Today is St Valentine’s day. It is also, by coincidence, the first anniversary of Dr No’s first post – a frivolous piece that borrowed from the wonderful Peter Cook, posted in the main to verify the site was live. A summer of distractions followed, and it was only in August that Dr No went public, with The Peter Squared Principle. Other bloggers were kind enough to link to Bad Medicine, even if the wise and sage Witch Doctor noticed the erratic posting history, and asked very reasonably ‘is he only going to be a blogger on heydays and holidays’?
Well, six months on the answer is plain for all to see. Dr No now posts regularly. And, as befits an anniversary, he finds himself reflecting on the past, and looking into the future. Whichever way he looks, he sees three dominating themes that have and will continue to exercise him. They are the Big Themes, and all carry a threat of very very Bad Medicine.
The first is the wholesale destruction of the NHS as we know and love it. Yes, Dr No knows that the times-they-are-a-changing, and all that clap-trap, but Dr No has also been around for long enough to know, and know beyond reasonable doubt, that, despite all its faults, the NHS is a wonderful institution. He knows, because he has both worked in it, and been treated by it (in the hands of surgeons, not the asylum, since you ask!). He has seen it from both sides, good and bad; and as a tax payer, he has a legitimate interest in how it spends his money. And on that, he is quite sure that one thing he does not want his money frittered on is suits, pen-pushers and the rest of that barmy army of conker-brained misfits that pass for NHS managers; just as he is equally adamant that has no intention of letting trouser happy shysters steal his money when the service can better be provided by the, err, service.
The second theme is the move to legalise human killing in various forms, and in so doing, turn doctors into part-time executioners. This project makes about as much sense to Dr No as turning priests into part-time Satanists. Somehow, knowing that one’s priest sups occasionally with the Devil sets things on a different footing. And, in the same way, knowing that the hand that cares is also a hand that kills will fundamentally alter – and in Dr No’s view damage – the doctor-patient bond. The answer, should it prove necessary, lies in a new profession of dispatchers.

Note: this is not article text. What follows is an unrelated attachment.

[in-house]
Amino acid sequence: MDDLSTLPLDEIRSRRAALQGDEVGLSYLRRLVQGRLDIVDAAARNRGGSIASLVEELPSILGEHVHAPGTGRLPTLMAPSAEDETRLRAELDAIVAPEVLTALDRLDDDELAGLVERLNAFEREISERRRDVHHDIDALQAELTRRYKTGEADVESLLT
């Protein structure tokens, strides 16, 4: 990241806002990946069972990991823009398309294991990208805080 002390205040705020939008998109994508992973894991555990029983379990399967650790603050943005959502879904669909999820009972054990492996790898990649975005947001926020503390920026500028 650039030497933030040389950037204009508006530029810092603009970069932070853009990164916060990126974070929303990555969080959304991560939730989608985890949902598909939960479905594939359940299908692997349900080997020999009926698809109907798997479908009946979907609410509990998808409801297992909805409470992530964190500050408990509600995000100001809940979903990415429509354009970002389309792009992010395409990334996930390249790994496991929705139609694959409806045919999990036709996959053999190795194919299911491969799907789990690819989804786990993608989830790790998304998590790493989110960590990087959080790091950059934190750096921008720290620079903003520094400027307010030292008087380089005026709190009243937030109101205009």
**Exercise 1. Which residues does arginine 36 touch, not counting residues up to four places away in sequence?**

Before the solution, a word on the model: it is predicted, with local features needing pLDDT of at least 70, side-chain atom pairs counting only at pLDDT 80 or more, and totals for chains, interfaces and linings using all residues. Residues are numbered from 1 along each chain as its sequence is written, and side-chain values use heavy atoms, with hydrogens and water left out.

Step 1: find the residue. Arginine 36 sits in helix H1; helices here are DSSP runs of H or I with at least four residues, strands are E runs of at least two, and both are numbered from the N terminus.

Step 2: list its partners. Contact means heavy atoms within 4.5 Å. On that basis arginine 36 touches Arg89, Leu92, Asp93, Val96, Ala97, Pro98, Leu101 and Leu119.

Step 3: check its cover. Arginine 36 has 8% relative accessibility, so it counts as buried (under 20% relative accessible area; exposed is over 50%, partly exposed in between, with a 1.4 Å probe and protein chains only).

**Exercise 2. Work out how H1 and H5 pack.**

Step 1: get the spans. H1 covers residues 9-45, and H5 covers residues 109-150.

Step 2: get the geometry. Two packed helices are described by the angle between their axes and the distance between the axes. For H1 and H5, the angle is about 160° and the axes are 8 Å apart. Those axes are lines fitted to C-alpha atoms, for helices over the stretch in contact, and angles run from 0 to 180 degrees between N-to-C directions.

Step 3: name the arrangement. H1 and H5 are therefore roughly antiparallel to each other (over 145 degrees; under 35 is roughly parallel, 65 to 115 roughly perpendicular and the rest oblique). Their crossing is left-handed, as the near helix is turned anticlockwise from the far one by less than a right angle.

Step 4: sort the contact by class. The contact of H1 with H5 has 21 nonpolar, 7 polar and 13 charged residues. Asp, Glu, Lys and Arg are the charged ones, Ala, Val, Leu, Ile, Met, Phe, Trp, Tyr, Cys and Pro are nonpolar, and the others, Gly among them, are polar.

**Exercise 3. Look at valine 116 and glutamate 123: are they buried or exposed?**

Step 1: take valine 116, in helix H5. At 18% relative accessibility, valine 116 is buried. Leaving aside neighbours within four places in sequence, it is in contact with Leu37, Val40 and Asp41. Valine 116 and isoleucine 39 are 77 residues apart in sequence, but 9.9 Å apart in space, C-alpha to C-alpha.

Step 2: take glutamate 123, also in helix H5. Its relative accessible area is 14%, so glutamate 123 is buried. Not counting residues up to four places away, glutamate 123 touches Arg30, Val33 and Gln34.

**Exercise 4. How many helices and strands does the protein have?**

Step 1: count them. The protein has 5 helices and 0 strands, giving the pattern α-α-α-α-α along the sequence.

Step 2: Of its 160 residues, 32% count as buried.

The third, and by no means last, theme is that of medical regulation, and its hopelessly incompetent administration by that Stasi of goons known as the General Medical Council. These Government lackeys and stooges, said to be at arm’s length by Government, but who are nothing of the sort, for even at arm’s length one can deliver a punch on the nose and a poke in the eye, and so control, set the Diamorphine Queen free, even as they boil legions of foreign doctors in vile vats of Stygian soup. And, as if that were not enough, they have now hatched a plan to introduce an army of informers and controllers – as the Appraisers and Responsible Officers will undoubtedly turn out to be – who will cull the free-spirited and independent, and in so doing castrate the profession, until it is but a cowed shadow of its former glory. And we, patients all as we are, will be the losers.
Dr No’s nightmare is that all three themes come together. Yesterday’s NHS doctor will be replaced by a privately funded hired gun who kills at the state’s bidding. Crazy, you say? Not at all – it happened in Nazi Germany less than a hundred years ago. And it could happen here. That is why Dr No will continue to write Bad Medicine; because, as Burke is said to have said: all that is necessary for the triumph of evil is that good men do nothing.